and – that – there splits off a piece of your soul

it belongs to them now.

if ever you want to see it – that soulpiece – you can – like in a museum box





or read your old journals

look at some pictures together

your soul won’t come back to you. 

No. That’s the point of a horcrux, after all.

It won’t come back, but you will be able to see it. 

And it will hurt.

Very badly. 

Because when you see it again, it’s not yours anymore, but it does understand.

It longs to be back where it belongs — back in your soulbox, returned to you. 

The sense of loss: palpable.

The price.

Of living on.


It was, perhaps, inevitable that the world would face a global pandemic (which, I’ve been told by the Associated Press style guide on the topic, is redundant and should be avoided… that whole “pan” taking care of the “global” part) and it was also perhaps inevitable that such a worldwide event would send many to look after their long-forgotten creative projects.

Pigeonhole has been somewhat of a nemesis for me, lying in wait like the two-pound weights gathering dust on my closet shelf, promising to be of good use if only I’d pick them up.

I’m still at work, actually, 40 hours a week or more (though not at my second job), but the siren song of a long-forgotten project has seduced me into returning.

Hence the marriage of two projects.

I wrote a chapbook about a year ago, and submitted the poems to a contest. The chapbook is called “Inevitability,” and some of it feels especially relevant now. We’ve seen the (of course, incorrect) quote over and over again: “We never could have seen this coming.” But of course, many health experts here and abroad could, and did. It was inevitable.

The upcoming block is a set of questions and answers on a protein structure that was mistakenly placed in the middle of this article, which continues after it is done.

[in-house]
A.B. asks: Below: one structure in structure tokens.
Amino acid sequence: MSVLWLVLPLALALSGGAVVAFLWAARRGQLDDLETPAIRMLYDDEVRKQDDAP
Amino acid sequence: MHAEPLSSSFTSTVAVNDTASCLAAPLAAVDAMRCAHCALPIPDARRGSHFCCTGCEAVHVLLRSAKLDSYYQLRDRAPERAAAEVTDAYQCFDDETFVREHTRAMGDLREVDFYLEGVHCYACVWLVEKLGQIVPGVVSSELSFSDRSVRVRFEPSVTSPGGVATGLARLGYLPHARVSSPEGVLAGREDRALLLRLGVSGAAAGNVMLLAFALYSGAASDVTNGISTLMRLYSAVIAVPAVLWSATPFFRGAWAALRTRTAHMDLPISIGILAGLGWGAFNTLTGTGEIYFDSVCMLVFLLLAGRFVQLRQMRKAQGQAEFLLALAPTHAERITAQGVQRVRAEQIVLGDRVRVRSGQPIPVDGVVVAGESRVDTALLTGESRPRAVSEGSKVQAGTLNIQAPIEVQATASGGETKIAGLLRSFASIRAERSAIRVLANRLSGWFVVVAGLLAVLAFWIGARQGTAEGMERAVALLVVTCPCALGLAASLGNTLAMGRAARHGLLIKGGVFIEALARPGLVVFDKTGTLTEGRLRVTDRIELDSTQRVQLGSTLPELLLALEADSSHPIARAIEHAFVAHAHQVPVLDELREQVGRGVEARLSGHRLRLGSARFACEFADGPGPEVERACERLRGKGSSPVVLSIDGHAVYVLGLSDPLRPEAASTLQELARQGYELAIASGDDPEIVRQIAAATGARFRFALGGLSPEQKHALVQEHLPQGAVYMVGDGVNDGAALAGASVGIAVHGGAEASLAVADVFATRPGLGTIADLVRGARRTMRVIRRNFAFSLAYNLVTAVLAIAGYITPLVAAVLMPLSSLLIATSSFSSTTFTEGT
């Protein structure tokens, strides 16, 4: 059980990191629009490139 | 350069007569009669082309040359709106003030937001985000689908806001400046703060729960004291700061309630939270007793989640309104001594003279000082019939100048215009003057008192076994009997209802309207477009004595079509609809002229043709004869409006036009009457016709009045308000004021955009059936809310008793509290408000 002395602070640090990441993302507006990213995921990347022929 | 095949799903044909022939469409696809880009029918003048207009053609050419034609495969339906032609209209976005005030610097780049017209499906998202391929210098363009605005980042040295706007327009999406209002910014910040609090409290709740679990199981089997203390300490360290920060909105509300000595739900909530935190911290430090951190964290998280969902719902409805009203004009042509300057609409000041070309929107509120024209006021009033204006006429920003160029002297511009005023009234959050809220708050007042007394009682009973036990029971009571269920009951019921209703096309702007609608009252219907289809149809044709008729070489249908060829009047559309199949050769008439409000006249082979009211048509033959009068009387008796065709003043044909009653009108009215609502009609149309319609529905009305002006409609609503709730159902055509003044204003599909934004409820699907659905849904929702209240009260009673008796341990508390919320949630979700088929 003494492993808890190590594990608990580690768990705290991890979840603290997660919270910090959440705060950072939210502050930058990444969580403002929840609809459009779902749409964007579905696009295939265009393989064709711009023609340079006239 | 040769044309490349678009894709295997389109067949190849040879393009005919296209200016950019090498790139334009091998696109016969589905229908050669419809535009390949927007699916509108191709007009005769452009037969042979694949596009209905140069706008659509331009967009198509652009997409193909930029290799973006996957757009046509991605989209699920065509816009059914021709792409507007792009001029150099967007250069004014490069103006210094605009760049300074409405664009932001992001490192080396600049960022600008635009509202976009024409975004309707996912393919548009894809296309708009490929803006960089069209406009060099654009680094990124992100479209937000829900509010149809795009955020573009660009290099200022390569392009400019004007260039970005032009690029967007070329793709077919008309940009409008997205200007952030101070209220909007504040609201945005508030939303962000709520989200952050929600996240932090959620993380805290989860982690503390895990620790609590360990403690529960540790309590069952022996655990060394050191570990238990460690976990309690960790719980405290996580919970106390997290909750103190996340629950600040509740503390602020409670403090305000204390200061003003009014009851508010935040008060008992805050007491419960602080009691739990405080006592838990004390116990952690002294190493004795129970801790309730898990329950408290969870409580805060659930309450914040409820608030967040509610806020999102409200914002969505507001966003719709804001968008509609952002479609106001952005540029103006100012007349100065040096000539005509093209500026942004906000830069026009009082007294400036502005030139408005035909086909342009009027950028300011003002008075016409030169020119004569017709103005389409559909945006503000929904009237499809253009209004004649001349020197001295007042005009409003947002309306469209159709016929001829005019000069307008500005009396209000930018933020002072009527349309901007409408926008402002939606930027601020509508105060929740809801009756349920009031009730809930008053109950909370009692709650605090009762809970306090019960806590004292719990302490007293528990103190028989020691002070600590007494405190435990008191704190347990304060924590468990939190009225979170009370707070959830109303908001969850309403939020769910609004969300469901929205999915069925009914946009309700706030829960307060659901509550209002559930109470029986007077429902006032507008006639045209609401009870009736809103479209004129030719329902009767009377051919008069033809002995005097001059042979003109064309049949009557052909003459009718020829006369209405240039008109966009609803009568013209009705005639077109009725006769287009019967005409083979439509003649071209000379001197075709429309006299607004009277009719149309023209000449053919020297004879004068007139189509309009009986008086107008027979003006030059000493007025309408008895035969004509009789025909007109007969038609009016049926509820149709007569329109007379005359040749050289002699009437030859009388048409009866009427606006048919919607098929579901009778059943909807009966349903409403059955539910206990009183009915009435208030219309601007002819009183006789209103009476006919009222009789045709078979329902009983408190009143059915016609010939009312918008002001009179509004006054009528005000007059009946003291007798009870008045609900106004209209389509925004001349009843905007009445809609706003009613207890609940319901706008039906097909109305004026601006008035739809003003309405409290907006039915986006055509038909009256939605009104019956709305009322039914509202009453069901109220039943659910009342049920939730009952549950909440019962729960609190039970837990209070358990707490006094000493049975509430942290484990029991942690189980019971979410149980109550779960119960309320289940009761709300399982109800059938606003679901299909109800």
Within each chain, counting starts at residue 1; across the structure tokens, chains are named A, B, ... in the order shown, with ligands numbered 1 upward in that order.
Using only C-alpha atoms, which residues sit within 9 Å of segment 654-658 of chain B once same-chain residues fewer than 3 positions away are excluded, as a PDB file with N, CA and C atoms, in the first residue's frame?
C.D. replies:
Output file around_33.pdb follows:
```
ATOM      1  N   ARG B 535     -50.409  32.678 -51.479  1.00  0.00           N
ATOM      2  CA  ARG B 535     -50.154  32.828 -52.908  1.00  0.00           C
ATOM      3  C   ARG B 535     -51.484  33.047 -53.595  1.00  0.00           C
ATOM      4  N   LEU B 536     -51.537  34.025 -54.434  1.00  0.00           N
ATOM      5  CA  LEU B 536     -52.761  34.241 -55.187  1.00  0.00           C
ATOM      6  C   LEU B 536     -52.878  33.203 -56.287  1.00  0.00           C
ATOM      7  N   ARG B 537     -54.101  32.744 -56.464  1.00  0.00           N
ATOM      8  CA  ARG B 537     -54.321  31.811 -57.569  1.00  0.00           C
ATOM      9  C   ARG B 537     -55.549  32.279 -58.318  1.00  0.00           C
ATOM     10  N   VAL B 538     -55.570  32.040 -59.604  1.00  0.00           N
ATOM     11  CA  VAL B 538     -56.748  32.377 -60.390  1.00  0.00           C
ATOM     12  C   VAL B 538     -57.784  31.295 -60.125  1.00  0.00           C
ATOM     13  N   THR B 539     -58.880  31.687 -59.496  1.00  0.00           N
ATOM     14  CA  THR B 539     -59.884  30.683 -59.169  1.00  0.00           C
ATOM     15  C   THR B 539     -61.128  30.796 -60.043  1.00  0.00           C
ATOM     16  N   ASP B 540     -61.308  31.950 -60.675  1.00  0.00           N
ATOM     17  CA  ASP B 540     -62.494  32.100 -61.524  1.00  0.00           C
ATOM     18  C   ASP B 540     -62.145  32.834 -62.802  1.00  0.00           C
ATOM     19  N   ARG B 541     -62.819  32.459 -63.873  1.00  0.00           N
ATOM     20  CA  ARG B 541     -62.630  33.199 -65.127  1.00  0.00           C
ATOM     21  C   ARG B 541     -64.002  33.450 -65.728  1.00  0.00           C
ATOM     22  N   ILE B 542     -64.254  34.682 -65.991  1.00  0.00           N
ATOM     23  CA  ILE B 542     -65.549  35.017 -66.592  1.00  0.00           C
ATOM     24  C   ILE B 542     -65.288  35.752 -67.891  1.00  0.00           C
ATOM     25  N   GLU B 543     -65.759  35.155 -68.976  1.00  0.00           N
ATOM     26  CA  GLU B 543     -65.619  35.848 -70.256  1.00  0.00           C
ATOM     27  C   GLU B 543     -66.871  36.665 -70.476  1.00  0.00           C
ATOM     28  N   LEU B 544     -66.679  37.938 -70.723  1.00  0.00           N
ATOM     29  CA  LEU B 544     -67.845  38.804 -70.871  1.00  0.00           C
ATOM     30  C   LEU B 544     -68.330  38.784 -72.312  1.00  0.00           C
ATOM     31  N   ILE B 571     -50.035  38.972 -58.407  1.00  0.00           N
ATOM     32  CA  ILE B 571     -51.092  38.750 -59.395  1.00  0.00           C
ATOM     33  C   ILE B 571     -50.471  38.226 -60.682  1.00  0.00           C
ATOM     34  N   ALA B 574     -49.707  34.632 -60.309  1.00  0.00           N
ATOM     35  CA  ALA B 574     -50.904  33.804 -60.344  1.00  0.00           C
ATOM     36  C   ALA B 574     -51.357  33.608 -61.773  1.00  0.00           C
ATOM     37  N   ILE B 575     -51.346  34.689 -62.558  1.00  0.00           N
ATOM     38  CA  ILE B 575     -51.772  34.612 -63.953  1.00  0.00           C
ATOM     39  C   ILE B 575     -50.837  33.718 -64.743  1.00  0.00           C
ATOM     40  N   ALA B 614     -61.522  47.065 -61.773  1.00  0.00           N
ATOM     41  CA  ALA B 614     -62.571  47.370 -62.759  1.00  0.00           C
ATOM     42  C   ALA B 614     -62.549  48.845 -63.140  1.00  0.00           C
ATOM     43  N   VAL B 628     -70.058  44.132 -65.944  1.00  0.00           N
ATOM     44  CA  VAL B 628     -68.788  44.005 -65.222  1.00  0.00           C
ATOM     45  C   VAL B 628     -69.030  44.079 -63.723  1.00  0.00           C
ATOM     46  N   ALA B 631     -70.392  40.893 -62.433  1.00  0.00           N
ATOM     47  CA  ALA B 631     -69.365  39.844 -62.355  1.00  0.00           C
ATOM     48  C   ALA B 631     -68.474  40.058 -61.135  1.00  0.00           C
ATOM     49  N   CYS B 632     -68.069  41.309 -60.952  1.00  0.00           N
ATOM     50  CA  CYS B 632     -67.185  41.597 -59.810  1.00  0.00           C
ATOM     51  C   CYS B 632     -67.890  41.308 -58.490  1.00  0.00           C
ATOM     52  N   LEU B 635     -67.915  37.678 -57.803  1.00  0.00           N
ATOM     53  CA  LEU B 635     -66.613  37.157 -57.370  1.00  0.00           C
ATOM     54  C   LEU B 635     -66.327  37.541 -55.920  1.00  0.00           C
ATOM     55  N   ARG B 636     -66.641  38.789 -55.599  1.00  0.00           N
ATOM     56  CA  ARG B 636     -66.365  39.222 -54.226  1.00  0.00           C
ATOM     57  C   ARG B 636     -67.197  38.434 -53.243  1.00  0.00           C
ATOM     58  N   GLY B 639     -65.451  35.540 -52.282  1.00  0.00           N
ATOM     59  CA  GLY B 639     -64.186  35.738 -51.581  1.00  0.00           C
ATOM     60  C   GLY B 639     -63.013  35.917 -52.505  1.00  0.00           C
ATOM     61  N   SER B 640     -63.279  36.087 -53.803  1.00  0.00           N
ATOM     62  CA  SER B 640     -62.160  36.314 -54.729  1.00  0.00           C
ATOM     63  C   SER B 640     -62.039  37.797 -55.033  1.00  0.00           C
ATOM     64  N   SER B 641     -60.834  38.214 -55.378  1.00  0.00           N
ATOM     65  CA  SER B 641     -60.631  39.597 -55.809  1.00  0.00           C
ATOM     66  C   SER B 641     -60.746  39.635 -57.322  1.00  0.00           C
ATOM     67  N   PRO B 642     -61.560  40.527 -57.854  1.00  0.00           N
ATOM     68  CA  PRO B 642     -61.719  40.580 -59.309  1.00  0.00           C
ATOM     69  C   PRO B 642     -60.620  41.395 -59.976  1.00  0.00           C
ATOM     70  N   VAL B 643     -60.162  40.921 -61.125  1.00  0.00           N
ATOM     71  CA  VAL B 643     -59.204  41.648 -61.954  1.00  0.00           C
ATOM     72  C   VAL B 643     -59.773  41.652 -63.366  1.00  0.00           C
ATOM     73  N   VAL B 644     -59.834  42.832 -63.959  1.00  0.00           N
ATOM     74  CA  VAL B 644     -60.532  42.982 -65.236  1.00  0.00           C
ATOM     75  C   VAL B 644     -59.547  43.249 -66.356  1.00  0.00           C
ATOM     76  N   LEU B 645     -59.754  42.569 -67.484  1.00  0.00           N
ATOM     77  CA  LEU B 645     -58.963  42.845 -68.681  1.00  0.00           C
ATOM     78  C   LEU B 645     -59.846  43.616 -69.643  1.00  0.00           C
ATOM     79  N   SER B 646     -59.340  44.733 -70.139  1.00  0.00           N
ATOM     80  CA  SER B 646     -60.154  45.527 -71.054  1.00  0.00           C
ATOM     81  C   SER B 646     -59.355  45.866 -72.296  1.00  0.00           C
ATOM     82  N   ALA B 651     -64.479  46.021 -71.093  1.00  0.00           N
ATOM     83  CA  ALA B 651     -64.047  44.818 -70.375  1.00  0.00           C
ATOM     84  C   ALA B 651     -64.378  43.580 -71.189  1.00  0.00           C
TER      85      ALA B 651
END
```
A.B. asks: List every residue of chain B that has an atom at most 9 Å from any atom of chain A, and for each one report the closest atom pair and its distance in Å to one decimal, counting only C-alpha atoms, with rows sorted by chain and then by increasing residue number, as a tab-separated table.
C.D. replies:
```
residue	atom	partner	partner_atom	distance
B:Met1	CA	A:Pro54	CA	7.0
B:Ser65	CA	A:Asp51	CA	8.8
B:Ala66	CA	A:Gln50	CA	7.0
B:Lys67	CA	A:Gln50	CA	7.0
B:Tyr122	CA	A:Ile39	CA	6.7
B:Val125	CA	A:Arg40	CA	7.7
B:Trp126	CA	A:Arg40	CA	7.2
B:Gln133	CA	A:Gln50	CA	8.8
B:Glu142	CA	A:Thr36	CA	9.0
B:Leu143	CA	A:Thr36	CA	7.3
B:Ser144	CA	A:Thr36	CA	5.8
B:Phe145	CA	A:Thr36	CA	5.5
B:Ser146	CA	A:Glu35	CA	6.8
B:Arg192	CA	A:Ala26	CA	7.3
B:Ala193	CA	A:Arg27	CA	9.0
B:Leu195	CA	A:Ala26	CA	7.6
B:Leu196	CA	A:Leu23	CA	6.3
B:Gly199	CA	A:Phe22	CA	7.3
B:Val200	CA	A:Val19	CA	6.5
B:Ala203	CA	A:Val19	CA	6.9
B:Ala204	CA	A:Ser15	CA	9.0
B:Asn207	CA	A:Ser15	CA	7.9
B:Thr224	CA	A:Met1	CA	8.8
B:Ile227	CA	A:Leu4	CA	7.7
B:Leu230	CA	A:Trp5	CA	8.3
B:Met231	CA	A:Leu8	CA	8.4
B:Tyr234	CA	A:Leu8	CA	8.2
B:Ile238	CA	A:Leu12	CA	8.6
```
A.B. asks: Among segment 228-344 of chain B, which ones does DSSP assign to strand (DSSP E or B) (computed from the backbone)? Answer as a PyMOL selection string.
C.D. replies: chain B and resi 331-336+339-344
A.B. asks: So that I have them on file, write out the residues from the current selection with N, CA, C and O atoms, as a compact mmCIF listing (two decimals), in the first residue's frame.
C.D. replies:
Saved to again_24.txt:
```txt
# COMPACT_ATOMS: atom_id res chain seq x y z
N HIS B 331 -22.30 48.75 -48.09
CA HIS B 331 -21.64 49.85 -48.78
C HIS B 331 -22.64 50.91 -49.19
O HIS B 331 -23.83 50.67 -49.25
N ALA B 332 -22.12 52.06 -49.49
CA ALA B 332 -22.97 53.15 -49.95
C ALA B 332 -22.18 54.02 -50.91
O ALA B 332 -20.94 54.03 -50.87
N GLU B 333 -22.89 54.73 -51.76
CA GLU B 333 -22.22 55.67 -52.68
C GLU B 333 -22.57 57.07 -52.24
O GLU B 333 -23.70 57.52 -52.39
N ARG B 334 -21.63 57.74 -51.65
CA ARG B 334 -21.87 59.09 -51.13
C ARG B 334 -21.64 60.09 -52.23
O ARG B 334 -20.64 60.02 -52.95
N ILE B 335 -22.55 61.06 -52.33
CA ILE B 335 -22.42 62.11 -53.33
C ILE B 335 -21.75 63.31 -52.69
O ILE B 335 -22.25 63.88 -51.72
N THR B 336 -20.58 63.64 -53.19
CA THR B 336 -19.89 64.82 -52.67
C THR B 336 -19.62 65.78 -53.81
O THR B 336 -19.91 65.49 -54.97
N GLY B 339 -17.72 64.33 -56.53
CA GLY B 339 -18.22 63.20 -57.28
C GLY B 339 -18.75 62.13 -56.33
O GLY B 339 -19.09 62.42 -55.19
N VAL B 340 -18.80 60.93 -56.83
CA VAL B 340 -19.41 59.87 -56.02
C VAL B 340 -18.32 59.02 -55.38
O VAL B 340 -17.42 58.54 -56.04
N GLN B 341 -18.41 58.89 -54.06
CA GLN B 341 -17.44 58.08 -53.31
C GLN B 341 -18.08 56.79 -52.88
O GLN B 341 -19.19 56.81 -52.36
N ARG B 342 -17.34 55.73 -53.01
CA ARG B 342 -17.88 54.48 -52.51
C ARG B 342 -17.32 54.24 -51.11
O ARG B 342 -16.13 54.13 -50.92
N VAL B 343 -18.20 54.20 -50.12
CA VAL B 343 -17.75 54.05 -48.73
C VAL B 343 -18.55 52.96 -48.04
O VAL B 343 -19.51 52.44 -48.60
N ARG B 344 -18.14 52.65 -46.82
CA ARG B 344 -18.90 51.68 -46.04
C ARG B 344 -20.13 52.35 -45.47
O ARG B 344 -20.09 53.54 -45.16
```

So how does a situation change when you have prepared for it, versus when you haven’t? Is it self-destructive (or in some cases, destructive of others) when you choose, willfully, not to prepare?

I’ll be posting some of those poems on inevitability, and others, over the next few days. 

And while we’re all quarantined and supporting artists and creators… check out this incredible project birthed by my dear friend Kelly Lamanna, Your Uncle Richard.

Here’s how they describe the project: Founded in 2014 by Katelyn Douglass and Kelly Lamanna, Your Uncle Richard is a long-distance arts collaboration that connects an ever-growing family of strangers. Structured like a game of telephone, each cycle begins with one artist who creates a prompt and passes it on to the next participant.

Right now they’re in Cycle Five: Quarantine, which starts with one of the now-famous tweets showing quarantined Italians singing on balconies to lift each others’ spirits and pass the time. That tweet inspired the first artist to create the first piece, which inspired the next two artists to create their pieces, and so on down the line.

I’m lucky enough to be a part of one of the two concurrent cycles that’s happening right now during … all this. Keep your eyes on their site to see some exciting things.

And please. Stay at home if you can.

The secret to happiness

The tears come out of nowhere
they trace a line down your nose
and drip off (finally) your chin

A perverse desire, now, to gaze on the one weeping, to see what she looks like
You gaze, but the sharp arch of your brow is unkind in the mirror

When I remove your clothes

(watching, still, in the mirror)
(i always want to watch)

the lines of your socks and bra, biting into your skin, will be apparent
A little red to remind us that we are human

Do you like, then, what you see in the mirror?
The humanity of the redness of those lines?
The uneven surface?
The ripples, the contours, the hairs poking through, the not-yet-tanned-by-summer skin?


never comfortable in my skin

that’s truly the secret to happiness, no?

This is why beautiful people are inherently happier

and children


The people who haven’t been taught to feel uncomfortable as who they are
Or who are young enough not to know
Or who are pretty enough not to care

They carry themselves with ease and happiness
Some of you have never been ashamed of your bodies
Your smiles
Your body hair
Your crooked teeth
Your shiny forehead
Your crackling knees
The happy trail, a misnomer
Your scars upon lip, knee, ankle, and wrist

And it shows

Good bones